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Daughter follows father in winning UK’s top teaching award

Ruth Healy teacher

Two geography academics have created a little bit of academic history after becoming the first father and daughter to win the UK sector’s highest teaching award.

Seventeen years after Mick Healey, then based at the University of Gloucestershire, was named by the Higher Education Academy as one of its first National Teaching Fellows (NTF) in 2000, his daughter Ruth Healey has claimed the same honour.

Dr Healey, a senior lecturer in human geography at the University of Chester, is one of 55 new National Teaching Fellows announced by the HEA on 31 August.

Dr Healey, who was 17 when she attended her father’s NTF ceremony, said that she was delighted to become the scheme’s first parent-child winners.

“I had said to my dad that it would be really nice, because of the 17-year symmetry, if my application were to be successful this year, but I didn’t really expect it to happen the first time as the process of becoming a National Teaching Fellow is so challenging,” she said.

“I suppose, with the next generation coming through, that things like this might occur as children follow in the footsteps of a parent career-wise,” Dr Healey added.

Dr Healey – whose grandfather Austin Healey was vice-principal of Writtle University College – has recently presented at the specialist land-based institution in Essex alongside her father, who is now a higher education consultant and researcher, as well as an emeritus professor at Gloucestershire.

Reflecting on his daughter’s success, Professor Healey said that she was “well ahead of me in that she’s received her NTF at an age when she’s almost 17 years younger than I was when I got mine”.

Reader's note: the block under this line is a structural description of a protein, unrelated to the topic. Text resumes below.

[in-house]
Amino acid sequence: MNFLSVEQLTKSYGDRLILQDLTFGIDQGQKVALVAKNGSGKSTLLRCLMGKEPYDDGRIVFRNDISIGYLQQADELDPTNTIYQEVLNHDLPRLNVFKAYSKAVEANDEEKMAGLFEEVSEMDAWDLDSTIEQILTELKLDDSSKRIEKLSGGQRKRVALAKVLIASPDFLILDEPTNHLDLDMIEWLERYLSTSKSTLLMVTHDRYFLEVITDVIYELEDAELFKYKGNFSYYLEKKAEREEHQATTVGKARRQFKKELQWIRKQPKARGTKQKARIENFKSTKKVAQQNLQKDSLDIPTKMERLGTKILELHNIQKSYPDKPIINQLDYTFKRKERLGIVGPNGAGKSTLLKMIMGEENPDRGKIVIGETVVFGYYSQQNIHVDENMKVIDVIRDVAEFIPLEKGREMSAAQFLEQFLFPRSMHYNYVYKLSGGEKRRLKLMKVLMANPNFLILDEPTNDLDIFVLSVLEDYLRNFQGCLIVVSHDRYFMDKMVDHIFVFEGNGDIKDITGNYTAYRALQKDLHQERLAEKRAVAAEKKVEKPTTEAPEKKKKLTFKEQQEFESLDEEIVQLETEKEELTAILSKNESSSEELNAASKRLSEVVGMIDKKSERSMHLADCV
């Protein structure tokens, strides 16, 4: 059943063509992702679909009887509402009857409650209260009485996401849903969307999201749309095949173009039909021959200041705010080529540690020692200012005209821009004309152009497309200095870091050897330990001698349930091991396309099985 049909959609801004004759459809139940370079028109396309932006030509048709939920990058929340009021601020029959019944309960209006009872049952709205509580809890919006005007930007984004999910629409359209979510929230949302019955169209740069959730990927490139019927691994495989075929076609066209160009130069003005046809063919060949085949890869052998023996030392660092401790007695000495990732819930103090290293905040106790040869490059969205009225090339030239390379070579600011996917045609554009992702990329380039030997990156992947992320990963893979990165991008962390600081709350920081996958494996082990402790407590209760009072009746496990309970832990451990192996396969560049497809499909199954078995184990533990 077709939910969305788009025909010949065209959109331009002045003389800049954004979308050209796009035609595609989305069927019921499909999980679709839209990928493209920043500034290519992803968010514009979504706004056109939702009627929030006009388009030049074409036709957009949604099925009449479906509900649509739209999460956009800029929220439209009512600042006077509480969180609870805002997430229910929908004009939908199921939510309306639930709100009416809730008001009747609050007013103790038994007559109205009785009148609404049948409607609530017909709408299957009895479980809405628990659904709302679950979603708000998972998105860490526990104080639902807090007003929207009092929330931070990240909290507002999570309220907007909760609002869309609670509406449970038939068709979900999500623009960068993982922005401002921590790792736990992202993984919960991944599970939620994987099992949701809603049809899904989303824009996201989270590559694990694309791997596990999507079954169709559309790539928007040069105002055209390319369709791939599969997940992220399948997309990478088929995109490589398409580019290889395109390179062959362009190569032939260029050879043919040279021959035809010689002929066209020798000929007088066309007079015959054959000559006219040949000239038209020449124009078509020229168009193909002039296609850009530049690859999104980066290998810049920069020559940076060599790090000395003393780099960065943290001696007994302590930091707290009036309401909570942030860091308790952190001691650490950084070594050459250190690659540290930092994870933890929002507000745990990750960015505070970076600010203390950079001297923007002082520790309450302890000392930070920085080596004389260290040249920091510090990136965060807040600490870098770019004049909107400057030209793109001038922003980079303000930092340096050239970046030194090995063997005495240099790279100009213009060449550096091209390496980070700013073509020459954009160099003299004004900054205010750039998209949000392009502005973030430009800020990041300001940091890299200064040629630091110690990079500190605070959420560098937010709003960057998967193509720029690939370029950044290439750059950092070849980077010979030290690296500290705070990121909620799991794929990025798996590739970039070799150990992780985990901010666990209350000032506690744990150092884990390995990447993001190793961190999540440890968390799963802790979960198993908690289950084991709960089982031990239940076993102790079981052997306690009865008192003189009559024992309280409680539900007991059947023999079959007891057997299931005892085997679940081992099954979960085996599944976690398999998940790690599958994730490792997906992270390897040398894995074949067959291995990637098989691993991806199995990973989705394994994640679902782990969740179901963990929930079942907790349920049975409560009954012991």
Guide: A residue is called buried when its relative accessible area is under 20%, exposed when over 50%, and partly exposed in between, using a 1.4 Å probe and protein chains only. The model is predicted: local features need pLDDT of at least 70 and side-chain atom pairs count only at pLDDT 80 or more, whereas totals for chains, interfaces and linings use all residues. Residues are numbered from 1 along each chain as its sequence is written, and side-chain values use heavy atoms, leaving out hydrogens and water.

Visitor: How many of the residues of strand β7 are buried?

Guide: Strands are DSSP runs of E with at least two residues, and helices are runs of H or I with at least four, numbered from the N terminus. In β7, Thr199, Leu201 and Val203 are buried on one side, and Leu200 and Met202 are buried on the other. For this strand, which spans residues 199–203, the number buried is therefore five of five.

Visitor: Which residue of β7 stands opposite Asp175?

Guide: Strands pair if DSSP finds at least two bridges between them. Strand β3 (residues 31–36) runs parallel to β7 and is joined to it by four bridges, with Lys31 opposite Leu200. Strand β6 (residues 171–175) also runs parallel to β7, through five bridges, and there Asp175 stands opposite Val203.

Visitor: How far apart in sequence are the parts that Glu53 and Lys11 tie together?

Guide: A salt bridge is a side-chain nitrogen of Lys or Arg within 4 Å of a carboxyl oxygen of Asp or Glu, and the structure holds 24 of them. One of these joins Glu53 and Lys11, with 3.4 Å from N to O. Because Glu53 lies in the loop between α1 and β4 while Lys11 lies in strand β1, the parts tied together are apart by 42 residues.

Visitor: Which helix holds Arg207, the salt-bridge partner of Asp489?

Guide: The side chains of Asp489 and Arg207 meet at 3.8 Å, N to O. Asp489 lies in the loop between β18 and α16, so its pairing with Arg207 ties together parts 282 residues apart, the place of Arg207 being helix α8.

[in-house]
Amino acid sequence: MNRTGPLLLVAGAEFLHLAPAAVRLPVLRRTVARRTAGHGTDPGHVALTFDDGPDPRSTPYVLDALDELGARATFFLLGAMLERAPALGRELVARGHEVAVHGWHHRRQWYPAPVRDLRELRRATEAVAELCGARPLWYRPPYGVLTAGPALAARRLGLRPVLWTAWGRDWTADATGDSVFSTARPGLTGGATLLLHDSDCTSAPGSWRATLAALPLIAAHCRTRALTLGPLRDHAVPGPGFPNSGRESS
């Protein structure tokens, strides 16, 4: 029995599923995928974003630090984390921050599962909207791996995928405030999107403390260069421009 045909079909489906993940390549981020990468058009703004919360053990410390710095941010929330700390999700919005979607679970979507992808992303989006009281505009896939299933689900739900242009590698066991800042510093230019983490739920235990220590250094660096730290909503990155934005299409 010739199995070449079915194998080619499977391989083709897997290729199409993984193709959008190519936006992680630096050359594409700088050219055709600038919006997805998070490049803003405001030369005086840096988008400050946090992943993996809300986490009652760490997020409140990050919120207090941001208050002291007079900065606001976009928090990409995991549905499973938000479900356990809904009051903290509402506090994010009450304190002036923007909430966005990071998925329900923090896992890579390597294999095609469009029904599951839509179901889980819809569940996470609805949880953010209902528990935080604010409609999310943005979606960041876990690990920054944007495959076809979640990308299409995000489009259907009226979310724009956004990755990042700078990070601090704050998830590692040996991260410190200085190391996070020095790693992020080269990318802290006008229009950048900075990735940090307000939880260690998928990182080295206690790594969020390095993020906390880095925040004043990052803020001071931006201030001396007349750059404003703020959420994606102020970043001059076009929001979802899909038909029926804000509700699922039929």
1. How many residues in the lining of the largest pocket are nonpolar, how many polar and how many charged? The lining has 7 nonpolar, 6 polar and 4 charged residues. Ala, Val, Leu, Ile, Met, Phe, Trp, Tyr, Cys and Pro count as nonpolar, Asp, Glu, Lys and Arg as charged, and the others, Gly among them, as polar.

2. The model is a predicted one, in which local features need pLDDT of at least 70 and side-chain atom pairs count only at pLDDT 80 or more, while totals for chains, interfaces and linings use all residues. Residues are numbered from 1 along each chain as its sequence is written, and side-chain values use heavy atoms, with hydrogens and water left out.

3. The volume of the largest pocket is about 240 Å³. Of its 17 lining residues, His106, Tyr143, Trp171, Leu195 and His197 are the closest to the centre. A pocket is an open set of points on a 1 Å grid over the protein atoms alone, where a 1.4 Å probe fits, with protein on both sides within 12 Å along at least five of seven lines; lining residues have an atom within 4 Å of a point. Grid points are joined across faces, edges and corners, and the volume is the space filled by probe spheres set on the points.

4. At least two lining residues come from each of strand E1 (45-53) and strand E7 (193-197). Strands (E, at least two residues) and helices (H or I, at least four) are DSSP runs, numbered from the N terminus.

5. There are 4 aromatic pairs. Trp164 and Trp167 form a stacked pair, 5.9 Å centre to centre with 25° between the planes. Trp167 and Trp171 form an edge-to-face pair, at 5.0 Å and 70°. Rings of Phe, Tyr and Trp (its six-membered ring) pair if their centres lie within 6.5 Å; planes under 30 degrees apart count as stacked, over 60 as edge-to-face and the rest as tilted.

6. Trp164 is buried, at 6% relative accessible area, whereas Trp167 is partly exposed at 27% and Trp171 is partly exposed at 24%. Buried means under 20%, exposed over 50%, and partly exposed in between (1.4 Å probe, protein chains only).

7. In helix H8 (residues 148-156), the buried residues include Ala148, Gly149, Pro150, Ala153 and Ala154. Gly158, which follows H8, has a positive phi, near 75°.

“I’m extremely proud of her, as indeed any parent would be, but being a National Teaching Fellow myself makes it that extra bit special,” he added.

In addition to the 55 new National Teaching Fellows, the HEA has also named 15 team finalists for the Collaborative Award for Teaching Excellence (CATE). From the shortlist, six institutions will be selected for a £15,000 award to promote their learning strategies.

The winners will be named at a ceremony in London on 1 November.

“The new NTFs and CATE finalists represent some of the very best teaching in higher education, and I am sure they will inspire others as we share their innovative practice and ideas across the sector,” said Stephanie Marshall, the HEA’s chief executive.

“The UK is justifiably proud of its higher education sector, and its reputation is enhanced by the examples of excellent teaching highlighted by these awards,” she added.

Culled from Times Higher Education.

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